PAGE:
Object #1023579 from MS-Papers-0032-0014

5 pages

From: Secretary, Native Department - War in Taranaki and King Movement, Reference Number MS-Papers-0032-0014 (46 digitised items). Includes letters about war in Taranaki and the King movement and a letter in Maori from McLean to Wiremu Kingi offering him land

A transcription/translation of this document (by ATL) appears below.

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English (ATL)

In reference to the erection of defences for the better security of the town of Auckland and its suburbs, in the event of any concerted attack on the part of the Natives:- I have to offer the following observations.

As to the effect that such defences would produce upon the Native Mind.

I am of opinion that the sudden erection of fortifications would arouse greater feelings of distrust and apprehension on the part of the Natives, than at present exists as to the eventual intentions of the Europeans towards them; - more especially the erection of inland forts; - which, in contradistinction to those on the Coast line, or fronting the harbor, would have the appearance of being intended more as a guard against internal feuds, than as security against foreign aggfessors of other nations, who would commence an attack on those parts bordering on the sea coast. A wide distinction would therefore be drawn by the Natives between forts erected on the coast, and those placed in an inland direction, which latter they would aegard with some degree of alarm; - while they would evince considerable indifference as to the former.

Many of the Natives are becoming more and more jealous of the growing power of the English; and, although nothing has been done of a nature to justify such conclusions, they entertain a very general opinion that there is a latent desire on the part of the English to become possessed of their territory; and that it may behove them to make some stand before it be too late to assert and maintain their independence and nationality. At the same time there are many well-disposed tribes in the country; who, from jealousy of each other, and friendship to the Europeans, - sometimes from interested motives - would not coalesce in any such movement; - possessing also, as they do, sufficient knowledge of our comparative resources, and of the certainty that any struggle, however successful they might be in its commencement, must eventuate not only in the loss of commercial gain to them, but in the end lead to their own subjugation.

Under these circumstances, I think it would be advisable, before making any demonstration of the intentions of Government to erect such defences, that the Chiefs of those tribes upon whom dependance can be placed should be consulted, and the objects of the Government so fully explained to them as to prevent any undue suspicion on their part that such erection had any other object than the defence of Auckland from foreign or internal aggression.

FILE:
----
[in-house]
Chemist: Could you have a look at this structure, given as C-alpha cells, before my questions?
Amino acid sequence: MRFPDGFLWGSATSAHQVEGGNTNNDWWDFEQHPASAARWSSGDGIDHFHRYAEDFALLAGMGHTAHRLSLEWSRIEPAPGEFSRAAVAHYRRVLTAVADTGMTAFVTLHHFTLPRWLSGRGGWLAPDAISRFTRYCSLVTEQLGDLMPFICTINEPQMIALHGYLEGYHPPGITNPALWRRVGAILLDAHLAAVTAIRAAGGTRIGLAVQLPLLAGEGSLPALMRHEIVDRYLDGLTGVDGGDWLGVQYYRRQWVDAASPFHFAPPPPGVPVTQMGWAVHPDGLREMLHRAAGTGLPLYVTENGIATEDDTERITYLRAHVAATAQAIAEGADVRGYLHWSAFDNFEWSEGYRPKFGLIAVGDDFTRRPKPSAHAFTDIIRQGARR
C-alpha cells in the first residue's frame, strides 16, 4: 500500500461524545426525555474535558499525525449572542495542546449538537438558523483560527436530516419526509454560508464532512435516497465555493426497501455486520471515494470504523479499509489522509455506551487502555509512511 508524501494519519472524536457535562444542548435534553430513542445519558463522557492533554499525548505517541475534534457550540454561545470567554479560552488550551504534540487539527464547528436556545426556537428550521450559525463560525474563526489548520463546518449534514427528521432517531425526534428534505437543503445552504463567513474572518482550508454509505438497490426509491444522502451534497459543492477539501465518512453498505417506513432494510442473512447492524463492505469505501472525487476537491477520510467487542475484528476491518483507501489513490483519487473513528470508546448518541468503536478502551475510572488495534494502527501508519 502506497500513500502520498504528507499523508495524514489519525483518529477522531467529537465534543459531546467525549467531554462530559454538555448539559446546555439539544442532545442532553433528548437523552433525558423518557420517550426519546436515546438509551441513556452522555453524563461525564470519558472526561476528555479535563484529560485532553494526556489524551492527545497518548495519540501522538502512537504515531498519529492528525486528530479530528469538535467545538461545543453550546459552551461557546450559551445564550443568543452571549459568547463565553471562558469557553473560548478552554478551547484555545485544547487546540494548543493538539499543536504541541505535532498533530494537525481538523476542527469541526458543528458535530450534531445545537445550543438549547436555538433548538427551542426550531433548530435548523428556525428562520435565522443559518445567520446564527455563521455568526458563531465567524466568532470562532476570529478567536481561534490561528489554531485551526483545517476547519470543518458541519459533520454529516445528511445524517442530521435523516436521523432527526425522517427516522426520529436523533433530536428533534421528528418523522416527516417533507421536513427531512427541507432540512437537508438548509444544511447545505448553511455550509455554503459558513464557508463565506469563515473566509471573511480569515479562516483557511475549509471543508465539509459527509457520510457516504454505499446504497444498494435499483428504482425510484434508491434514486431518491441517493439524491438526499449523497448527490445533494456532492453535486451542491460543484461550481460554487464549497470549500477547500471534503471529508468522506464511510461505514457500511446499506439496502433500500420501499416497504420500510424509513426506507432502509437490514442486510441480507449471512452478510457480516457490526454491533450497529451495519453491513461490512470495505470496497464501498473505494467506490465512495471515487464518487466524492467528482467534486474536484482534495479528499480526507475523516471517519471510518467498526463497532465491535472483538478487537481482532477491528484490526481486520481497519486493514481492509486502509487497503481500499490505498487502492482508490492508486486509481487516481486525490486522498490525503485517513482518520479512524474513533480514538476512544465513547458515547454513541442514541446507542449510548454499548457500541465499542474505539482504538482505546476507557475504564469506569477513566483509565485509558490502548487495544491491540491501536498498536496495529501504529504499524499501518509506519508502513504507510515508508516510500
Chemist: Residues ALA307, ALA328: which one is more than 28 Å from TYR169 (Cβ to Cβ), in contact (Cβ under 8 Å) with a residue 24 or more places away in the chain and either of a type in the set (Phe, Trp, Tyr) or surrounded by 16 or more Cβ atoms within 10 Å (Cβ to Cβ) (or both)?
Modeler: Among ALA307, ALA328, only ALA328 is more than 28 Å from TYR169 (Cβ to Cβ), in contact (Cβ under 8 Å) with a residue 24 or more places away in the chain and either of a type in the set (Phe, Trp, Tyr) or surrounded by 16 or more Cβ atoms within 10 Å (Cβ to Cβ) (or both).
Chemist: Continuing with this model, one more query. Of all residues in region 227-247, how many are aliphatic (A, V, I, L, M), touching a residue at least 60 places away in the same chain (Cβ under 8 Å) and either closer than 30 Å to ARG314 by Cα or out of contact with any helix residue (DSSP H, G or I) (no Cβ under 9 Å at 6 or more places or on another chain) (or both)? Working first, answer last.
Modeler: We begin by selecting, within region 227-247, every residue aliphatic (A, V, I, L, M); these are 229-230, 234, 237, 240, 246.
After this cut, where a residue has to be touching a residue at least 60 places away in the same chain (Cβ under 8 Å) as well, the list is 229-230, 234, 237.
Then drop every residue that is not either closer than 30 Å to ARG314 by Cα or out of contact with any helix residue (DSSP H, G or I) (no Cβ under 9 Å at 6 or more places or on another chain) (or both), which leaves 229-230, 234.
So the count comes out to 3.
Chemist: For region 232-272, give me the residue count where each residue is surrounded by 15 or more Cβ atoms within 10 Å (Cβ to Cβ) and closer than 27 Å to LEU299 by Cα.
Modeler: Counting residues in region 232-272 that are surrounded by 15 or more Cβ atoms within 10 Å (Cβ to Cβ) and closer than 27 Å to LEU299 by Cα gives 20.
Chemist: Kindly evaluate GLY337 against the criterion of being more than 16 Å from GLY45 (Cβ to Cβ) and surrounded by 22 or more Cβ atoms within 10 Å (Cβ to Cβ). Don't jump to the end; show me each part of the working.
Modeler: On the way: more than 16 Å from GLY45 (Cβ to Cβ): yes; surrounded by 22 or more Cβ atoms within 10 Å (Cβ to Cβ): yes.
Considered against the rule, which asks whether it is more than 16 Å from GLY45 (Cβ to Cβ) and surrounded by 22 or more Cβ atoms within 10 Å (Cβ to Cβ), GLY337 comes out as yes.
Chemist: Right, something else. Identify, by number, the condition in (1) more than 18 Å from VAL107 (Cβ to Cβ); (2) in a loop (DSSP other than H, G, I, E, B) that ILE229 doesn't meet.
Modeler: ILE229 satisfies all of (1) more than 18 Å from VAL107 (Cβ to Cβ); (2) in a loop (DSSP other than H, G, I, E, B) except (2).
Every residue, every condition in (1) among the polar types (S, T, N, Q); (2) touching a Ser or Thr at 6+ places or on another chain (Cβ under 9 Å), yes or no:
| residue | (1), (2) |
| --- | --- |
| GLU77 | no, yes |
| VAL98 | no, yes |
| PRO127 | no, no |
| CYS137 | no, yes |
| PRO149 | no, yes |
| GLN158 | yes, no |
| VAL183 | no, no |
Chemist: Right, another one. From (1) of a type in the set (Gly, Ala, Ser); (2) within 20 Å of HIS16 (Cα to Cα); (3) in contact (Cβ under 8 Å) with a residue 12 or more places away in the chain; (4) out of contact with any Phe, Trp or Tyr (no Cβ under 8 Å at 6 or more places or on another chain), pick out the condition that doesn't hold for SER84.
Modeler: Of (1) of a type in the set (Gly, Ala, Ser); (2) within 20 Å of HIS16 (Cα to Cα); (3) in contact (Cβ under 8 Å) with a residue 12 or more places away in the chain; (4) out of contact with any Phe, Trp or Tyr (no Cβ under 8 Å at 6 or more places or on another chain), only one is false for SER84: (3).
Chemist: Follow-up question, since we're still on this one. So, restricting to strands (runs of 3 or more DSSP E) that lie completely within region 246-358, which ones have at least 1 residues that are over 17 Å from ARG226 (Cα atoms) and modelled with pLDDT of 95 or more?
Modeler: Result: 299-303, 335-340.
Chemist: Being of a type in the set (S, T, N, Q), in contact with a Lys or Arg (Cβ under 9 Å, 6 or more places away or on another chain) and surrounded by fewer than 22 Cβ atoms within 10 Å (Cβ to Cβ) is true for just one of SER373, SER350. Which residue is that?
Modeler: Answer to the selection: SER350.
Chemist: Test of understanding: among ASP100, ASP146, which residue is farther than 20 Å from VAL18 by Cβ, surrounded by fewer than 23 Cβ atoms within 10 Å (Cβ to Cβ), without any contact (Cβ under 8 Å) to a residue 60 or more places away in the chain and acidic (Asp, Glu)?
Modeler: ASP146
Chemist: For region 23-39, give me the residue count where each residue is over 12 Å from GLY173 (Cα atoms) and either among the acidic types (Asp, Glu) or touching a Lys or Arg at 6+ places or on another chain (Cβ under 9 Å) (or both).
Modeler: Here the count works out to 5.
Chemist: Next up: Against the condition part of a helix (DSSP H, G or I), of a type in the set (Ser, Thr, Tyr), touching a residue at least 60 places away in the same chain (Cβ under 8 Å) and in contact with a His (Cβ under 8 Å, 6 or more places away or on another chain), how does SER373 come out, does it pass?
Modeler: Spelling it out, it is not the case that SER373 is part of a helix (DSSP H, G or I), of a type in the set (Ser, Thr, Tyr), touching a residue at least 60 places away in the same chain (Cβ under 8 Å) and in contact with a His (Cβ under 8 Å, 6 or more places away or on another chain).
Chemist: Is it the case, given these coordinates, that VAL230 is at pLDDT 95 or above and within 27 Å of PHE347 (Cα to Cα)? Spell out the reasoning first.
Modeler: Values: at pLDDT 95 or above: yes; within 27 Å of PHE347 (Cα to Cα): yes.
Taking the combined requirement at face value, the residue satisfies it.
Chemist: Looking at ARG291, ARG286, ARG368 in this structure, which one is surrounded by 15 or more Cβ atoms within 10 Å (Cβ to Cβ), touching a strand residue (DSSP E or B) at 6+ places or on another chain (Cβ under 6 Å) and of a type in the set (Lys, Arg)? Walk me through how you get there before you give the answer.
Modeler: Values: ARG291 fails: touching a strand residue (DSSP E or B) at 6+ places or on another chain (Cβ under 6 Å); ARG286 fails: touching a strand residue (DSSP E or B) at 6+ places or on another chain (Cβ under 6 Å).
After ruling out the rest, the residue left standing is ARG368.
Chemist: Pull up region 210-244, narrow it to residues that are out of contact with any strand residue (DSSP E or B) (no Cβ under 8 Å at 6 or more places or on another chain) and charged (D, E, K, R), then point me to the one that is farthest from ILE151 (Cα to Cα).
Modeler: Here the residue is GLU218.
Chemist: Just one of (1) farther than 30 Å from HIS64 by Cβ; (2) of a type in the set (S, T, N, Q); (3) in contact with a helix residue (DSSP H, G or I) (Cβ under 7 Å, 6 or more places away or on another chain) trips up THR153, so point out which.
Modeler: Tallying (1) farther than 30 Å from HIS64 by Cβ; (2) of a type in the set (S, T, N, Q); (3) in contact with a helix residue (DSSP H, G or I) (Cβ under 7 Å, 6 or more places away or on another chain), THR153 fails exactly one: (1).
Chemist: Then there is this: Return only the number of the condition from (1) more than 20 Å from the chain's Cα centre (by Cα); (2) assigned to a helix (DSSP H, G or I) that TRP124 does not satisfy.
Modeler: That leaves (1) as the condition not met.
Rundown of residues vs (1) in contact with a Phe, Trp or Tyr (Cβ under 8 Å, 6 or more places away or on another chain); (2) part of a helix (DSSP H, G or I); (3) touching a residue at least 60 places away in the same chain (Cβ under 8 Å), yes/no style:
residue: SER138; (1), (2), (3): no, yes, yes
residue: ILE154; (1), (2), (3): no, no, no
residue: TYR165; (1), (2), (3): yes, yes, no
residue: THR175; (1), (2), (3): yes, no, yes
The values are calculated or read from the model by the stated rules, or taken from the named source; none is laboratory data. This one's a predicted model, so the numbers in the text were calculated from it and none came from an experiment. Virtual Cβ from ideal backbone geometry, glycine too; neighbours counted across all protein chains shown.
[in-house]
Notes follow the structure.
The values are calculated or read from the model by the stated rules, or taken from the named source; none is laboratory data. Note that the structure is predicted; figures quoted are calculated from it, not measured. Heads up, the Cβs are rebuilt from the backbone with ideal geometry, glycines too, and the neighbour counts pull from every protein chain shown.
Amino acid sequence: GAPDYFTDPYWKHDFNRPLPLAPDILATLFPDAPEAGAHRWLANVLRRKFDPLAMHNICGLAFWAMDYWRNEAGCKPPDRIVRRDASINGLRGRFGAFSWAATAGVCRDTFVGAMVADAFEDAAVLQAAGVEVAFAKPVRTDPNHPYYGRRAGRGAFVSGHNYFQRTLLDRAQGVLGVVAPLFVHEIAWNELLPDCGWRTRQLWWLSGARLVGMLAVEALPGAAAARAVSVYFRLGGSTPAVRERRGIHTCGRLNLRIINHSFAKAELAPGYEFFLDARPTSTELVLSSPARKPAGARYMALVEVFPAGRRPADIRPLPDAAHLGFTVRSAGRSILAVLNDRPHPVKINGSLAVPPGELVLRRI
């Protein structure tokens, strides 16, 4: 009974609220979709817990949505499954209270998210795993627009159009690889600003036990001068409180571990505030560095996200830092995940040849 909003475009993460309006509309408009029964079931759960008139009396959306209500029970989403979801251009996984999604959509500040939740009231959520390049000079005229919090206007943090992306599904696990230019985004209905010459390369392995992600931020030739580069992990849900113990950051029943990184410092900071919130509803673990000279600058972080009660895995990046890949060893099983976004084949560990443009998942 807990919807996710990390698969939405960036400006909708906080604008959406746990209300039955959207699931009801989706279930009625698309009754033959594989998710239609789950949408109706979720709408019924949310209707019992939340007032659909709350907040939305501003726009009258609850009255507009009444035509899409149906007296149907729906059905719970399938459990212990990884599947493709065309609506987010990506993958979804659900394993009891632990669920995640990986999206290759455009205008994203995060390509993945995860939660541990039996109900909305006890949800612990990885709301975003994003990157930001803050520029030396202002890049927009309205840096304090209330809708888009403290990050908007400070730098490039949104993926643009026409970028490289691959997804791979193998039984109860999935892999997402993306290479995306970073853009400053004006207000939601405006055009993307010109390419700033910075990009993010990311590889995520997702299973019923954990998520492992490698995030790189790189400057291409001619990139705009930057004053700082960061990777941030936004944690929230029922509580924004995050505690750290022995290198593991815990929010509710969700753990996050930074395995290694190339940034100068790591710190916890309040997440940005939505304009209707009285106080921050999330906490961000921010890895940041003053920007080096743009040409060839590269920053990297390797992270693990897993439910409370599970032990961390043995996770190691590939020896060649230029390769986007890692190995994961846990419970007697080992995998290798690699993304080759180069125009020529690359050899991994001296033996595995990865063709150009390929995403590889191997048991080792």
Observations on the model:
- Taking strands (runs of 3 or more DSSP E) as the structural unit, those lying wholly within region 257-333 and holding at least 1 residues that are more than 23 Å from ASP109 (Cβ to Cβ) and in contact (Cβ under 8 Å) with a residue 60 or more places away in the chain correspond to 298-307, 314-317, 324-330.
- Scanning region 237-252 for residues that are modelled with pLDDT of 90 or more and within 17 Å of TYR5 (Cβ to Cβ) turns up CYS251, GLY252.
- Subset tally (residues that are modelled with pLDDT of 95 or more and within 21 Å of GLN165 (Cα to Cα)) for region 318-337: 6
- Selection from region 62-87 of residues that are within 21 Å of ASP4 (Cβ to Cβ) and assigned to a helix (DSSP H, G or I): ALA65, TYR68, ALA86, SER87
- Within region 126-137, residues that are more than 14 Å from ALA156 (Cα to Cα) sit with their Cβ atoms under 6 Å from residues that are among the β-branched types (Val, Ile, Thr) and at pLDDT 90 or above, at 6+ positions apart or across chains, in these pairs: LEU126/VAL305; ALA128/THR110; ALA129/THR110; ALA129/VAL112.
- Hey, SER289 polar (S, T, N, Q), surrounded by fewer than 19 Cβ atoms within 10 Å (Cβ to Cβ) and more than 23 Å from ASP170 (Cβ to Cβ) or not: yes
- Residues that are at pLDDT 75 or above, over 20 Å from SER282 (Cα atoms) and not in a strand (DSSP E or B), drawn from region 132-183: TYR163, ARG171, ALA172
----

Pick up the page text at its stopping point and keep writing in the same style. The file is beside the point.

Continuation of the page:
This precaution being taken, I would submit that the defences considered necessary by the military authorities should first be commenced on the borders of the harbor; and that one or two stone buildings in the interior might be placed in a state of defence as rallying points. This would excite less distrust than any other mode of proceeding; and as these works progressed, (on which some of their own people might be employed) they would become reconciled to the necessary erections for a complete defence of the town; and gradually yield to the necessity, which is constantly felt among themselves, of having such defences, within which equal protection would be afforded to well disposed Natives as to Europeans.

I do not consider the town of Auckland or its suburbs safe without such defences; - as the Natives feel, in the event of any aggressive act on the part of the English, that they could form a concerted plan, by which the settlement and the majority of its inhabitants could be destroyed; while they could retreat with safety to their interior fastnesses, and there defy with impunity any attempt on the part of the English to obtain satisfaction for such an outrage.

Feeling therefore the necessity for being prepared against any sudden outbreak

Part of:
Secretary, Native Department - War in Taranaki and King Movement, Reference Number MS-Papers-0032-0014 (46 digitised items)
Series 7 Official papers, Reference Number Series 7 Official papers (3737 digitised items)
McLean Papers, Reference Number MS-Group-1551 (30238 digitised items)

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